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While infections in the rest of the world accelerate, the coronavirus epidemic is showing signs of easing at its center — China — with new cases slowing dramatically and recoveries gathering pace. Still, doubt remains over whether the government’s statistics show the full picture.
On Tuesday, China reported 119 new confirmed cases of the coronavirus, the lowest number in almost six weeks and the fewest since the national government started releasing data on Jan. 21. Of those, 115 cases were in Hubei province, where the virus first emerged in December and which still accounts for the majority of infections and deaths worldwide.
Eighty-four percent of cases, 97% of critical cases and more than 96% of deaths are within the province, which was placed under mass quarantine by the government on Jan. 23 to slow the virus’ spread to the rest of the country. The ongoing lockdown of the region of 60 million people has led to widespread suffering and scores of preventable deaths as the local medical system collapsed under the strain.
The lockdown also meant that China’s fatalities from the pathogen have been confined almost entirely to the province. As of Tuesday, 4.3% of people who were confirmed to have the virus in Hubei have died, while that rate is 0.9% in China outside Hubei.
Over the past three weeks, China’s number of recovered patients has surged both in Hubei and the rest of the country, with the government sending in thousands of health-care workers to help in Hubei. Sixty-two percent of those who’ve been officially diagnosed with the disease are now better and out of hospital, according to the data from the National Health Commission on Wednesday.
Still, mistrust lingers over China’s official statistics, which have been repeatedly revised through the course of the outbreak, including an extraordinary addition of nearly 15,000 cases of infection on Feb. 13. It’s also changed the definition of what is a confirmed case of infection multiple times.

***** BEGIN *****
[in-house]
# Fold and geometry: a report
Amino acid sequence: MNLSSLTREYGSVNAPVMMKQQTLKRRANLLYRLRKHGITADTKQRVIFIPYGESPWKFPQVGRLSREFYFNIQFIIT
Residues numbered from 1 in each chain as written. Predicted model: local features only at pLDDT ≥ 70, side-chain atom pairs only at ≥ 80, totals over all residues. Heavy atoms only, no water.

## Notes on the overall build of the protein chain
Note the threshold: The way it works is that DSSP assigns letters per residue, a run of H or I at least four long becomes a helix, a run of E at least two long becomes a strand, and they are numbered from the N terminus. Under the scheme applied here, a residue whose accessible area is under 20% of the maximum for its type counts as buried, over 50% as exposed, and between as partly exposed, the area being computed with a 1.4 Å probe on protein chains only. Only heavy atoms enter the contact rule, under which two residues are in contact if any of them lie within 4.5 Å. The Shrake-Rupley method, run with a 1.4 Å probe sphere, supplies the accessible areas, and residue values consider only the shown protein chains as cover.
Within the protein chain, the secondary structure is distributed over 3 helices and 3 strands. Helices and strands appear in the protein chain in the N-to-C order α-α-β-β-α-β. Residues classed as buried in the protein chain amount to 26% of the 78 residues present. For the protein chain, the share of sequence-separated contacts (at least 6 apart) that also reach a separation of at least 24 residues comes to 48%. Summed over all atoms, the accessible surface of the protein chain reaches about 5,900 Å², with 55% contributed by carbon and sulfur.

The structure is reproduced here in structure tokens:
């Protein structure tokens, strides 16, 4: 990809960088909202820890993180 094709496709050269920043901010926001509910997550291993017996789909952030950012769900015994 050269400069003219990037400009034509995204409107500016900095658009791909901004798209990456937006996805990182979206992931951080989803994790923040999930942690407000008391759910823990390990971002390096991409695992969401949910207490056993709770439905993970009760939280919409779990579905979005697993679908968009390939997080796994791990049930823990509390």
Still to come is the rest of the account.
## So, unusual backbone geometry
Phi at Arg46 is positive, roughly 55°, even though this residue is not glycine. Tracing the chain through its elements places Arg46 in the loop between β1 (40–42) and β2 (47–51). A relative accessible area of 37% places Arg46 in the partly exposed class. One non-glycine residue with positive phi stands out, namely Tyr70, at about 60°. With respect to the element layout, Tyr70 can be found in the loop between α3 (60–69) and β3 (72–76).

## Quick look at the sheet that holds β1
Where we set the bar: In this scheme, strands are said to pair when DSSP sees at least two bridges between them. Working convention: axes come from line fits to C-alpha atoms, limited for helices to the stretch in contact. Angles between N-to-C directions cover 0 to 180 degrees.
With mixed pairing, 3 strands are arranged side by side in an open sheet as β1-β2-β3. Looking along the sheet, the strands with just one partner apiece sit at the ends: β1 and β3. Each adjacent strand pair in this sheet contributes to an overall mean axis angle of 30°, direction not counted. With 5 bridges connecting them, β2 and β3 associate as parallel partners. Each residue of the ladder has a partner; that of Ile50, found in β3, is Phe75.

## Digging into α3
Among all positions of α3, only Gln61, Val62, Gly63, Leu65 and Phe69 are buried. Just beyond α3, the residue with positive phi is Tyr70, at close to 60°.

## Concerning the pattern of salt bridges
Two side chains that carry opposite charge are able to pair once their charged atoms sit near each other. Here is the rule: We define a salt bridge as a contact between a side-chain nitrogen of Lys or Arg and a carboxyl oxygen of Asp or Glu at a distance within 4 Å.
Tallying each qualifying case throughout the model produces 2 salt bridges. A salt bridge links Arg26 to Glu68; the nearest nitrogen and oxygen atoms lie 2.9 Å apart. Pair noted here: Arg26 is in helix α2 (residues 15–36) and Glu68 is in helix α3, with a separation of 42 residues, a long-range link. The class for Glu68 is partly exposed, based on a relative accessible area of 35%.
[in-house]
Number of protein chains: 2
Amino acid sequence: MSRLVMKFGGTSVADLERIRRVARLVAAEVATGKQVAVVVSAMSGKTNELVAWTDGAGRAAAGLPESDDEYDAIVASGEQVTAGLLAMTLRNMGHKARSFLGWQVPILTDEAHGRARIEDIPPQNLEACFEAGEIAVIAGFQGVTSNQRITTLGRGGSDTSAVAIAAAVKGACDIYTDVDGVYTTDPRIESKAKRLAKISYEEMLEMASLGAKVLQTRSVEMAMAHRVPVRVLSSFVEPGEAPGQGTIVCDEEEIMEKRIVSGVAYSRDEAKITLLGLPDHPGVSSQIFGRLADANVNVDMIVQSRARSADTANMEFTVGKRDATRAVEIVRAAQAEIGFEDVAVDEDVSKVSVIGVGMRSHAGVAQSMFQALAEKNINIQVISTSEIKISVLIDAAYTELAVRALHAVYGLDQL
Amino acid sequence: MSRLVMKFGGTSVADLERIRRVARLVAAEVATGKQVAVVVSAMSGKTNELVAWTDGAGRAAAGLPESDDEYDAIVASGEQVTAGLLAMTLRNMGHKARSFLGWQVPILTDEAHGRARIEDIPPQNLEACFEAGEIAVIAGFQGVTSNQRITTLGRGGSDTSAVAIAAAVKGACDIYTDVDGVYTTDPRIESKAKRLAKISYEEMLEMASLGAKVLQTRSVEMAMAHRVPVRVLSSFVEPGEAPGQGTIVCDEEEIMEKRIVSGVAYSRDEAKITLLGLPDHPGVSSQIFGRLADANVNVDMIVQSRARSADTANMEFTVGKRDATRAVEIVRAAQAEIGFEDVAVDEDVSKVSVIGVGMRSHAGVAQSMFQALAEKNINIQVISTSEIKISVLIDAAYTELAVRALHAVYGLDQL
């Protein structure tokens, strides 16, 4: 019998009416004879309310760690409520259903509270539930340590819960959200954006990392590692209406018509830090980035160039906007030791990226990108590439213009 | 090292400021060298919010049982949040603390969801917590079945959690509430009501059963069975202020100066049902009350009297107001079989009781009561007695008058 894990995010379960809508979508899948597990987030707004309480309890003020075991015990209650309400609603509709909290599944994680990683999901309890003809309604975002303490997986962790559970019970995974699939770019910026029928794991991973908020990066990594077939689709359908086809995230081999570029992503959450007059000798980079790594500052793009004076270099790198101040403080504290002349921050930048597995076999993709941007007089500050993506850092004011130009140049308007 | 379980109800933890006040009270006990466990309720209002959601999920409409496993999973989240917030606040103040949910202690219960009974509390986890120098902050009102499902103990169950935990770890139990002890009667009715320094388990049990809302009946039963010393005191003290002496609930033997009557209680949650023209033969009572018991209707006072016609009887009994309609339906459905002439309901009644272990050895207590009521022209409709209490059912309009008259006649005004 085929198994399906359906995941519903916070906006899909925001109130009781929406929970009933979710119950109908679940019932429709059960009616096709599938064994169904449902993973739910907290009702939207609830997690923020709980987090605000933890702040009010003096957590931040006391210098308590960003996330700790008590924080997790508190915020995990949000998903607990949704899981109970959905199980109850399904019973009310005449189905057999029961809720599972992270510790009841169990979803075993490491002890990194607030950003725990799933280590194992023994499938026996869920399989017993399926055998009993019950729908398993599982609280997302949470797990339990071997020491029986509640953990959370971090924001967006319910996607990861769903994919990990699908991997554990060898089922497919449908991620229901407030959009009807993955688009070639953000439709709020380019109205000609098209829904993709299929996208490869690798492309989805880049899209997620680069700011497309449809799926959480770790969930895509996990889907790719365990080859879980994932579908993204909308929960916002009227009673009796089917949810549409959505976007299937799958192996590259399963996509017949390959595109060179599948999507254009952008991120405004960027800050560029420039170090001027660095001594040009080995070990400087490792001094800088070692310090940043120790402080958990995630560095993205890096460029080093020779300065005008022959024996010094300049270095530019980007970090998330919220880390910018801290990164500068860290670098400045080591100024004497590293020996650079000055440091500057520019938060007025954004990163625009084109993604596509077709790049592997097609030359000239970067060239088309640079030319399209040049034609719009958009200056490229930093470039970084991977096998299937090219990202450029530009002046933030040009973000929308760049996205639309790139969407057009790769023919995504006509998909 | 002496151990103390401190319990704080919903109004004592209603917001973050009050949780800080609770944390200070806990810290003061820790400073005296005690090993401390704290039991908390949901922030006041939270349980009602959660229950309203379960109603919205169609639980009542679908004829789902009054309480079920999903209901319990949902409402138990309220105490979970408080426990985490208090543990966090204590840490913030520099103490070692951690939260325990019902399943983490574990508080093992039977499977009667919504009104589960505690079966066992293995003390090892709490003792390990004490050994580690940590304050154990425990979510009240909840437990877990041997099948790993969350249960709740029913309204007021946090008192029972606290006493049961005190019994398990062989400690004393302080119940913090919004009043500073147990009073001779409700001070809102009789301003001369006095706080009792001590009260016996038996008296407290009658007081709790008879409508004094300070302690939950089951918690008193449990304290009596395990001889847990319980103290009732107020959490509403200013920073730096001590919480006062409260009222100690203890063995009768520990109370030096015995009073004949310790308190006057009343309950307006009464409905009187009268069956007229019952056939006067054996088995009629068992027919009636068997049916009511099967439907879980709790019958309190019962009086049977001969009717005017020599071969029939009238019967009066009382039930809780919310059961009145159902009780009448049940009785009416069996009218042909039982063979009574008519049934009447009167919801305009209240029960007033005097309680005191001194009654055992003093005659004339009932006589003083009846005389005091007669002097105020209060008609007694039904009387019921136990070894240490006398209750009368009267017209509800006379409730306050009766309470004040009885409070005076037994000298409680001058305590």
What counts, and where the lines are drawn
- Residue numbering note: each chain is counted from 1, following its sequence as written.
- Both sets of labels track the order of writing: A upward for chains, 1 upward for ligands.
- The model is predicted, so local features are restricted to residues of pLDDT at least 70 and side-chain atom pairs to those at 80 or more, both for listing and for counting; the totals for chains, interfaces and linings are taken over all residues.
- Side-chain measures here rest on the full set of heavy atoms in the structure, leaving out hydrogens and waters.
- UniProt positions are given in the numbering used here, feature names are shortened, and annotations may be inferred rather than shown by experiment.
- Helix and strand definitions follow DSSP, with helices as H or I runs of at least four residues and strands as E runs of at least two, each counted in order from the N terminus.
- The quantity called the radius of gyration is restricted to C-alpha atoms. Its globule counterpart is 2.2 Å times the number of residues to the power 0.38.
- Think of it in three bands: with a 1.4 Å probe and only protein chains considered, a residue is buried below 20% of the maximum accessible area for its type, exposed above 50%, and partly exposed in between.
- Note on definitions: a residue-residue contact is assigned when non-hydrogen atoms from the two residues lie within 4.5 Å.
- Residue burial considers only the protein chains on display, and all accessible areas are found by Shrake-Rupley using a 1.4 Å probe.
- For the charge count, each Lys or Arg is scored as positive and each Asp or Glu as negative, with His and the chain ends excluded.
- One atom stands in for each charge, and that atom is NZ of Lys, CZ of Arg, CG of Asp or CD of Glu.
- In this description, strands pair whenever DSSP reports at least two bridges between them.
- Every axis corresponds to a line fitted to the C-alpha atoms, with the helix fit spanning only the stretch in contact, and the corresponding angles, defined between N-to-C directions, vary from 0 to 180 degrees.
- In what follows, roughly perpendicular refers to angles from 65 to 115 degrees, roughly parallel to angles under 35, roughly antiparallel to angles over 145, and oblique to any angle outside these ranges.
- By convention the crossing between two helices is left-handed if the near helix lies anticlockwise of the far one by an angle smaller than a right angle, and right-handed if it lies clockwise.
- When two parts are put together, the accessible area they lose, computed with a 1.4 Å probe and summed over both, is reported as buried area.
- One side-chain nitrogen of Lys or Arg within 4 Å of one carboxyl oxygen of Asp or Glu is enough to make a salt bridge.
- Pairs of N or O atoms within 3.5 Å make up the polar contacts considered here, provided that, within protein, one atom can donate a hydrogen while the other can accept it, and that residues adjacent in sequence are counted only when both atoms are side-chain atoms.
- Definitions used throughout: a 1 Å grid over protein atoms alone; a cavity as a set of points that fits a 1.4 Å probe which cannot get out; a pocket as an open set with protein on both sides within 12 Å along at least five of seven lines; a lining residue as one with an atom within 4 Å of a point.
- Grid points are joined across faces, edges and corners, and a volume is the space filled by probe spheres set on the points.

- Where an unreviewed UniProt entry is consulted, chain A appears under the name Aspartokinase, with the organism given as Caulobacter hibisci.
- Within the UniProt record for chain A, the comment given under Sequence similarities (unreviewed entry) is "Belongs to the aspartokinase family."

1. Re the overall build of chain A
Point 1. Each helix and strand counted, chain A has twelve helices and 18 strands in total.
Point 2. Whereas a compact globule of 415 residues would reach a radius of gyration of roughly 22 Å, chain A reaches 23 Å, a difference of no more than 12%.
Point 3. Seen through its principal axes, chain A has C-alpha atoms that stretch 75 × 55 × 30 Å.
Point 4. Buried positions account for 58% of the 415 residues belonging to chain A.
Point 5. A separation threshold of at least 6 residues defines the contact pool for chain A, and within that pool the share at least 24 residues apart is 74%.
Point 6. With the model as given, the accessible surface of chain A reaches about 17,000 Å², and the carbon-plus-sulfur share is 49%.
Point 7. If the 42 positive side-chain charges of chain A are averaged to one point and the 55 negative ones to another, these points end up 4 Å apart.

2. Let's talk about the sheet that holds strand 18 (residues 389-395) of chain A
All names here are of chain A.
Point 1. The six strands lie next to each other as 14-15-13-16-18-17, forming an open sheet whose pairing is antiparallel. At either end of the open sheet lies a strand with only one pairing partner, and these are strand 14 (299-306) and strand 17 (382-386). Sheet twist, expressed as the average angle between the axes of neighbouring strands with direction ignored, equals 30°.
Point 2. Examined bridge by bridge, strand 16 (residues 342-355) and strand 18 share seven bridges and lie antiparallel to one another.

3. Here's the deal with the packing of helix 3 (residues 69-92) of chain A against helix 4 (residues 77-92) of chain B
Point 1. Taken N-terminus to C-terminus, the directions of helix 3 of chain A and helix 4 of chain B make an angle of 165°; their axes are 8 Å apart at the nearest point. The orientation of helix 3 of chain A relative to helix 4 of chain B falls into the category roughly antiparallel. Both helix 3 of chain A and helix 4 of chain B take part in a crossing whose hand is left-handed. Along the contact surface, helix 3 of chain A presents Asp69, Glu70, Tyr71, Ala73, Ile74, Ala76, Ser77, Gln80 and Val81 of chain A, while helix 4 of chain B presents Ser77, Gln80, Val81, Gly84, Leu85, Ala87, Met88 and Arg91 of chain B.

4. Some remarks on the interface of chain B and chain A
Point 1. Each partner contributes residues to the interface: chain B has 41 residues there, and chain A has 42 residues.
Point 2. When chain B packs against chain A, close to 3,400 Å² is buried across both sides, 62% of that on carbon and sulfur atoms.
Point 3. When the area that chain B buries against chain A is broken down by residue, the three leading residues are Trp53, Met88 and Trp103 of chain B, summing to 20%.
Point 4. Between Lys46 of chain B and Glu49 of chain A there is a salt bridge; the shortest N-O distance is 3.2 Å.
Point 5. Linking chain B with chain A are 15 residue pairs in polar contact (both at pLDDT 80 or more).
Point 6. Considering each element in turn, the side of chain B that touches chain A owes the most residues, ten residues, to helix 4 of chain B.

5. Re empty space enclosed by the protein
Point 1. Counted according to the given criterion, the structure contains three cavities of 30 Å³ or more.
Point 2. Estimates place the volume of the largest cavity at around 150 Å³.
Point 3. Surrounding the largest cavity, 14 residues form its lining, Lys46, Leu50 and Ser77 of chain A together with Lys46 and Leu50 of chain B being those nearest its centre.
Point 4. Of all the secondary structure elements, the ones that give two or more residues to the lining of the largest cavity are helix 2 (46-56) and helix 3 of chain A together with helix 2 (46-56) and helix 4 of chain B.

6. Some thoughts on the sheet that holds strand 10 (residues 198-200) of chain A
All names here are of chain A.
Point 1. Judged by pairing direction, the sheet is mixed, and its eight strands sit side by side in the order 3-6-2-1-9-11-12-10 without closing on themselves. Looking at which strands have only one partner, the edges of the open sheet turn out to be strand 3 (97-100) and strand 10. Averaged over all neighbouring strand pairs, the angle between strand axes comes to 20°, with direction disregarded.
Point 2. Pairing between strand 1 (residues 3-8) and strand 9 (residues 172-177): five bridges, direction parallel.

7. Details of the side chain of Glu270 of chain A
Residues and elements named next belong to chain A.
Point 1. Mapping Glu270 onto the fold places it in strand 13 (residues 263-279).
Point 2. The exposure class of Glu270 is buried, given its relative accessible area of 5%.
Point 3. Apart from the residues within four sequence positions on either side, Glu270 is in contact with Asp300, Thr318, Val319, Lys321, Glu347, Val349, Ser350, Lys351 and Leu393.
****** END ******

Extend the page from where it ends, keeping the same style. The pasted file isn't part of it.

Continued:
What’s Going On With China’s Coronavirus Case and Death Numbers?
One area of confusion has been over how to account for people who don’t have symptoms but test positive for the disease in a phenomenon known as asymptomatic infection.
At a World Health Organization briefing on Tuesday, infectious disease expert Maria Van Kerkhove said that about 1% of cases in China are asymptomatic at first, but 75% of those patients eventually develop symptoms.
This means that provinces not counting asymptomatic cases in their official tally are likely under-reporting their numbers. There’s some evidence of that: Chinese media outlet Caixin reported that Heilongjiang province in northern China had 104 asymptomatic infections which it did not add to its total of 480 confirmed cases on Feb. 25.
China does not release the number of asymptomatic infections in its daily nationwide tally, underscoring the uncertainty which remains over whether the outbreak is truly contained at its heart.
— With assistance by James Mayger
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